Welcome to another part of the SDK adventures. Most of the sample plugins shown so far have been fairly simple, with implementation times ranging from a few minutes to an hour, at most. In this part of the series I want to show what developing a fullyfledged, complicated feature is like.
Since complex features take a long time to develop, this post will only show the initial phases of development of a factoring context action that we will later refine and improve. Let’s get started!
Factoring
When writing numeric expressions, you may come accross something like the following:
The above expression is worth analyzing because it’s not perfectly efficient: it’s doing one more multiplication than is needed to get the result. Here’s a better form:
Wouldn’t it be great if ReSharper could help factor out terms in similar expressions? Of course it would, and this is what we’re going to do here. However, as it turns out, this problem is a lot more complicated than it looks.
Checking Availability
If you open up an expression such as the one above in ReSharper’s PSI Viewer (you’ll need to be running in Internal mode for this), you’ll see that it’s basically a combination of IBinaryExpression
s of type IAdditiveExpression
and IMultiplicativeExpression
. The operator precedence has already been applied, but there’s a caveat that additive expressions represent either addition or subtraction, whereas multiplicative ones represent either multiplication or division. We’ll ignore this distinction for now, as a proper solution for all of these is even more complicated than what you’re about to see.
Given that an expression such as a+b+c
is really represented as (a+b)+c
, we have good reason to implement a flattening algorithm that turns a binary tree into a flat list:
We can now think about checking the applicability of our context action. The analysis is deep, but it begins with finding the ‘root’ additive expression:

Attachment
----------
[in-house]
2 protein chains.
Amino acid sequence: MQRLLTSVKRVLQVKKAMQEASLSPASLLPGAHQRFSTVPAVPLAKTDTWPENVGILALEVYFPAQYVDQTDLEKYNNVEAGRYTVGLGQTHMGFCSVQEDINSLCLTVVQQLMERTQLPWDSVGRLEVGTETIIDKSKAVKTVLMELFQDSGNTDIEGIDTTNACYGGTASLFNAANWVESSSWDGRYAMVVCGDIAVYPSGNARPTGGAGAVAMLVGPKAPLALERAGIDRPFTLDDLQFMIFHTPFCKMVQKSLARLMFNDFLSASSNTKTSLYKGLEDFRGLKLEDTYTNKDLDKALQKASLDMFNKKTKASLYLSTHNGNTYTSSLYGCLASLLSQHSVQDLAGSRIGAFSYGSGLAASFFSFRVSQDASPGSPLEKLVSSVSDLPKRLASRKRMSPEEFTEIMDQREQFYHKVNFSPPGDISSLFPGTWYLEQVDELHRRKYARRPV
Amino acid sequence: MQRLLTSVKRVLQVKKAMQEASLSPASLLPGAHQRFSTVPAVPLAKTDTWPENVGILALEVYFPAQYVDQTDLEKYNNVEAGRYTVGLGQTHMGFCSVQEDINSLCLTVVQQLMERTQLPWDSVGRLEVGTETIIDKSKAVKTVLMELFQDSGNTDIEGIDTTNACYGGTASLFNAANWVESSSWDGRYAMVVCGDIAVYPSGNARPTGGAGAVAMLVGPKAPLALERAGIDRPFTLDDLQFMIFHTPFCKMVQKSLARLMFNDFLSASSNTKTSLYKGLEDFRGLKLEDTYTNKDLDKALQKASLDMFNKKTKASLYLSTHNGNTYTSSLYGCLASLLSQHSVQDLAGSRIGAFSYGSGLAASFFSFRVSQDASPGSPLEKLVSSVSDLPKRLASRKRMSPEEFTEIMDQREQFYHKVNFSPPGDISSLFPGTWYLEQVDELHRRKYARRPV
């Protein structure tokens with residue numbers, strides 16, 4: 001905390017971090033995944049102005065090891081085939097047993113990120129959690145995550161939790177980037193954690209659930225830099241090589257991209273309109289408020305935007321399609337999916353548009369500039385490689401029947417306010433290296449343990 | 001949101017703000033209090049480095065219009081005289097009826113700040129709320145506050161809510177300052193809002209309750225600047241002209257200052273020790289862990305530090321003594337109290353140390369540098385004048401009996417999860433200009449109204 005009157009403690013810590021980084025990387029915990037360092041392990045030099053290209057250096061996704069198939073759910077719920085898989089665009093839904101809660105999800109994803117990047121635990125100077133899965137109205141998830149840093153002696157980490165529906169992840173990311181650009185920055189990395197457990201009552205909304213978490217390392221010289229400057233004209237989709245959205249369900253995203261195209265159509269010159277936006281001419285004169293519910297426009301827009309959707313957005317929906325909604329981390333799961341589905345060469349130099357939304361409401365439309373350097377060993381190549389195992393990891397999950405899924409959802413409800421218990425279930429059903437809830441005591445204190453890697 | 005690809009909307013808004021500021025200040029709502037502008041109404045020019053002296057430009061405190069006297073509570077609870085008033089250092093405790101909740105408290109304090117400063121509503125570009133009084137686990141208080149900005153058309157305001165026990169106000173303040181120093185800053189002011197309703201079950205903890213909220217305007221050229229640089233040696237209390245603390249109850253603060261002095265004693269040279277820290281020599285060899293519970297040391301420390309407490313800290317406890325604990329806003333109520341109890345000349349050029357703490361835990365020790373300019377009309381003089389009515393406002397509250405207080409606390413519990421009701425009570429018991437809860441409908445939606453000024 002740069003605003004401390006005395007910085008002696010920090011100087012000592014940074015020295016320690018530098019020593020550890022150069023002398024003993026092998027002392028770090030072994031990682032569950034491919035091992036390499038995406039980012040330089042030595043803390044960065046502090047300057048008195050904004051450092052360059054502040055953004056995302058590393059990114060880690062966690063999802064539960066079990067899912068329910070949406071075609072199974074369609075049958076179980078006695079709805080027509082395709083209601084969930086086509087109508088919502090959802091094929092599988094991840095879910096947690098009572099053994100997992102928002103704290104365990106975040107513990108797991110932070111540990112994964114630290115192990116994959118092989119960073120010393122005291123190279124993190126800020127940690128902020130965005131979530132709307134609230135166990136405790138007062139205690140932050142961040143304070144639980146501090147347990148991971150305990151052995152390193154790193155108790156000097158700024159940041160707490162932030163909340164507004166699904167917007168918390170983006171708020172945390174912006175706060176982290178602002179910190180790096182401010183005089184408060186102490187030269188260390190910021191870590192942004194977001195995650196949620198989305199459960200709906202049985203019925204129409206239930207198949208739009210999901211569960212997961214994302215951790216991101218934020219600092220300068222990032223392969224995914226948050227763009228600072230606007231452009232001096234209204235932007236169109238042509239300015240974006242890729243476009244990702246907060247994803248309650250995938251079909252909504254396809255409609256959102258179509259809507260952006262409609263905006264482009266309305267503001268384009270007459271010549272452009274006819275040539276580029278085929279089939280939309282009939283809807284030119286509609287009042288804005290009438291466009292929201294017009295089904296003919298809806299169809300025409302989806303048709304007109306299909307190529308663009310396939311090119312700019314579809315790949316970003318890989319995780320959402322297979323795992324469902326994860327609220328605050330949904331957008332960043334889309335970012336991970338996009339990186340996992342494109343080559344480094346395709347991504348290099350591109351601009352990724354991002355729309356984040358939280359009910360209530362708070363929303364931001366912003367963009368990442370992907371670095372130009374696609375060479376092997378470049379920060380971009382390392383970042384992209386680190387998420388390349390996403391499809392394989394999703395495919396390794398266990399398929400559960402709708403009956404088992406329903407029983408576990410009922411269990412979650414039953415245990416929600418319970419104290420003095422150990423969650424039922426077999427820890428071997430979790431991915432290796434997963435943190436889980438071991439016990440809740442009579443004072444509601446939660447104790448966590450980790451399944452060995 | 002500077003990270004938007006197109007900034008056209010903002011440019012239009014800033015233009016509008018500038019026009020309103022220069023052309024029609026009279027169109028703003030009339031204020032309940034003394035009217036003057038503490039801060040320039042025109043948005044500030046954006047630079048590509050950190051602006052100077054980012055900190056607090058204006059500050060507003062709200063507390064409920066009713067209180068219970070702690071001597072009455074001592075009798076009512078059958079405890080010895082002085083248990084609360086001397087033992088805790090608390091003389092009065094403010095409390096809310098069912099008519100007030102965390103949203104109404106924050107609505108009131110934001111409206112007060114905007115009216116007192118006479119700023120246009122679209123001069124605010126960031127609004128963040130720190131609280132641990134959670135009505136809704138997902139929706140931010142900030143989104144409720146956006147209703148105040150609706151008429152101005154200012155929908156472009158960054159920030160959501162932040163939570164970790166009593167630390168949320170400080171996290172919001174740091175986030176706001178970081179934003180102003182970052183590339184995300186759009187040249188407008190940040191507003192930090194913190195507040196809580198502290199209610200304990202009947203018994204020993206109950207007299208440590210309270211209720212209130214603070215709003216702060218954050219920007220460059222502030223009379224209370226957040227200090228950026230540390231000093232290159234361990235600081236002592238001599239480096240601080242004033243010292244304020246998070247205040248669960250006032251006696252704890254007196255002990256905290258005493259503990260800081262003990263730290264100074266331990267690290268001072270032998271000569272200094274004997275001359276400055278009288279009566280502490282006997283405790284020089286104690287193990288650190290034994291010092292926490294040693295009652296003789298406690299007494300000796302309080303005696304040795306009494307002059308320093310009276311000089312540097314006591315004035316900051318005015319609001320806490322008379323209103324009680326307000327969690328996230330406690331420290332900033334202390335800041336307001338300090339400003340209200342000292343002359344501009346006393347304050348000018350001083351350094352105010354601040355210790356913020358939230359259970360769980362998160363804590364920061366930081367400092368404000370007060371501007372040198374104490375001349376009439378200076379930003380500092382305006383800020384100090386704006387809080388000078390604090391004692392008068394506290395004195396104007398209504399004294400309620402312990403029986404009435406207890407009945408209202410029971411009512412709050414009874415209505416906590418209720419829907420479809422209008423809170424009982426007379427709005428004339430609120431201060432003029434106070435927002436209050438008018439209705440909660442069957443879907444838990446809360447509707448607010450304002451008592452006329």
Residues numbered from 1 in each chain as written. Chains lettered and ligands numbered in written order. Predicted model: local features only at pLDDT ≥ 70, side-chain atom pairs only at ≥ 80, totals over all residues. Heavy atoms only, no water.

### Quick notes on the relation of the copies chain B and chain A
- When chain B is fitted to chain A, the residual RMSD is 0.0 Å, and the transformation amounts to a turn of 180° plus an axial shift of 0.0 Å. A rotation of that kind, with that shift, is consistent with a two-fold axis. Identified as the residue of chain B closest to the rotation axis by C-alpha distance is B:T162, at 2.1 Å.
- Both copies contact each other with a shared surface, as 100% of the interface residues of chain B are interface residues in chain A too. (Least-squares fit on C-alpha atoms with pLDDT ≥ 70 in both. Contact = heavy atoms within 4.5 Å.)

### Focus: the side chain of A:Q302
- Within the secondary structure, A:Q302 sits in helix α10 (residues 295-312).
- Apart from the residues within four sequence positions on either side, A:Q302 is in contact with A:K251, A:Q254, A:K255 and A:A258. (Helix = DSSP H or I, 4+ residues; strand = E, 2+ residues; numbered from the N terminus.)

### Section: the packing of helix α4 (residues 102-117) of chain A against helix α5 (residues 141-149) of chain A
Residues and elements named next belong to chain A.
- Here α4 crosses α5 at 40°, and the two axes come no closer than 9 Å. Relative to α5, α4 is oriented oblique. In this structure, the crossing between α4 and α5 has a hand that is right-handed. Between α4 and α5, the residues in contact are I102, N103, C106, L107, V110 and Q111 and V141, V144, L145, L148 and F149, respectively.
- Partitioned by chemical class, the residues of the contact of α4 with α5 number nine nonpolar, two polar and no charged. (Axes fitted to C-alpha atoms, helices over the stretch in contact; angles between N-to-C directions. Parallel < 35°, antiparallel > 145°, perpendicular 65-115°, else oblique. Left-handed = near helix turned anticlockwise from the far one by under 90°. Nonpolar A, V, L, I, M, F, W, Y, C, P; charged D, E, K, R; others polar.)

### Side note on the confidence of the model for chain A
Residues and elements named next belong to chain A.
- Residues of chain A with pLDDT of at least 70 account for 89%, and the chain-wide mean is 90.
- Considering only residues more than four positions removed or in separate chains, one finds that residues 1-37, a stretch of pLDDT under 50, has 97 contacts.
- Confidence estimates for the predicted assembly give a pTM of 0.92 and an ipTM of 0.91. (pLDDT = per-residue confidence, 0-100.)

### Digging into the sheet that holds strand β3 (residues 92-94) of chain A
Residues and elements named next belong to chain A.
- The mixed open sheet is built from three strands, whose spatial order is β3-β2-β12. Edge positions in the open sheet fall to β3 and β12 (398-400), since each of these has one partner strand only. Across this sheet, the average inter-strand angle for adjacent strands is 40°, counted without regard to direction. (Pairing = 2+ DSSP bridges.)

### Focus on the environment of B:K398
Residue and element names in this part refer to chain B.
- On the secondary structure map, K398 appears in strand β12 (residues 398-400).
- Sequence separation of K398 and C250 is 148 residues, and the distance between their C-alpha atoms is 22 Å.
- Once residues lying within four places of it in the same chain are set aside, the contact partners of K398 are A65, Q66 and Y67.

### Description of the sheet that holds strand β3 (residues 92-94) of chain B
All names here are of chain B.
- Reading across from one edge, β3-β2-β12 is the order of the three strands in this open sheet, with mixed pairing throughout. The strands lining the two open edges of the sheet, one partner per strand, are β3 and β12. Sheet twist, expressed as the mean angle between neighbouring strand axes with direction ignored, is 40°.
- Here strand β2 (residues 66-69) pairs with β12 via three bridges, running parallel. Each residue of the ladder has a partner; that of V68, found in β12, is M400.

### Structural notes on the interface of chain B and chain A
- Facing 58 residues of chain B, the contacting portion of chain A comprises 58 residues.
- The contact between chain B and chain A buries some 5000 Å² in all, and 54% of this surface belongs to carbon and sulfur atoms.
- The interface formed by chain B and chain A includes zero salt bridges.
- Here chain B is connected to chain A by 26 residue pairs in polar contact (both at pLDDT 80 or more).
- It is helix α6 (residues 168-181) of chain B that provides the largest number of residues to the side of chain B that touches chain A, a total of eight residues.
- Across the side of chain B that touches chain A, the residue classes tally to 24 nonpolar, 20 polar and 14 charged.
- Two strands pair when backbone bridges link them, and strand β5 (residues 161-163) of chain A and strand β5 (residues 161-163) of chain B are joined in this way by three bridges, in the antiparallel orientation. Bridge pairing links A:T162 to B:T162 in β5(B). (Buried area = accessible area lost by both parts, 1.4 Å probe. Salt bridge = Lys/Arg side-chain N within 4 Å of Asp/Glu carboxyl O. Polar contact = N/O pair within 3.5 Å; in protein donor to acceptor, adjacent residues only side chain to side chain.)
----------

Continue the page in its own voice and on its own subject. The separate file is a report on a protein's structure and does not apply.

At this point, we need to do two things:

Flatten the toplevel addition so that
(a+b)+c
becomes justa+b+c
. In fact, we keep it as a simple list. 
Do the same thing for the inner multiplications, so that
(a*b)*c
can be treated as justa*b*c
.
The actual implementation uses our Flatten<T>()
function as well as a special FlattenMultiplications()
function.
Flattening multiplications is a similar operation that gives us even better data: it returns a listoflistofexpressions, i.e. data that we can work with to be able to actually analyze the commonality of terms:
What we do now is build a frequency table of the terms — what they are, where they appear and how often. For example, for the expression a*x*x + b*x + c
we would get a table such as:
a  x  b  c  

1  1  2  0  0 
2  0  1  1  0 
3  0  0  0  1 
The implementation is not particularly difficult:
Having the terms in a histogram of sorts, we find out the one that’s used most:
Once we have the term, we find out how many times we’re going to extract if (for example, in a*x*x*x + b*x*x
it needs to be taken out twice), and we can finally return true
. Note that we also keep a record of affected terms, because even a term with a zero
in it may either be a multiplicand of the term we’ve extracted, or not.
Applying the Action
The first thing we output is the multiplier term and the opening brace to our subexpression:
Then, we set up a lambda that outputs the sumofproducts in a neat fashion:
And then, of course, we generate the new expression and replace the old one:
Seeing it in Action
Let’s try a simple example. Say we have this method that computes a polynomial:
Executing the factoring action once, we get
Firing it again within the braces we get
And this is what our action is ultimately about.
Conclusion
Our approach works, but suffers from a few methodological deficiencies, namely

We currently do not handle subtraction and division well

We can only factor out one variable

The algorithm is not recursive, so we have to invoke it several times to fully optimize the expression
In the next part of the series, we’ll take a look at fixing these issues. Meanwhile, check out the source code and stay tuned for more! ■
This is a really great post. It’s great to get more insight into how R# works behind the scenes. Keep posts like this coming!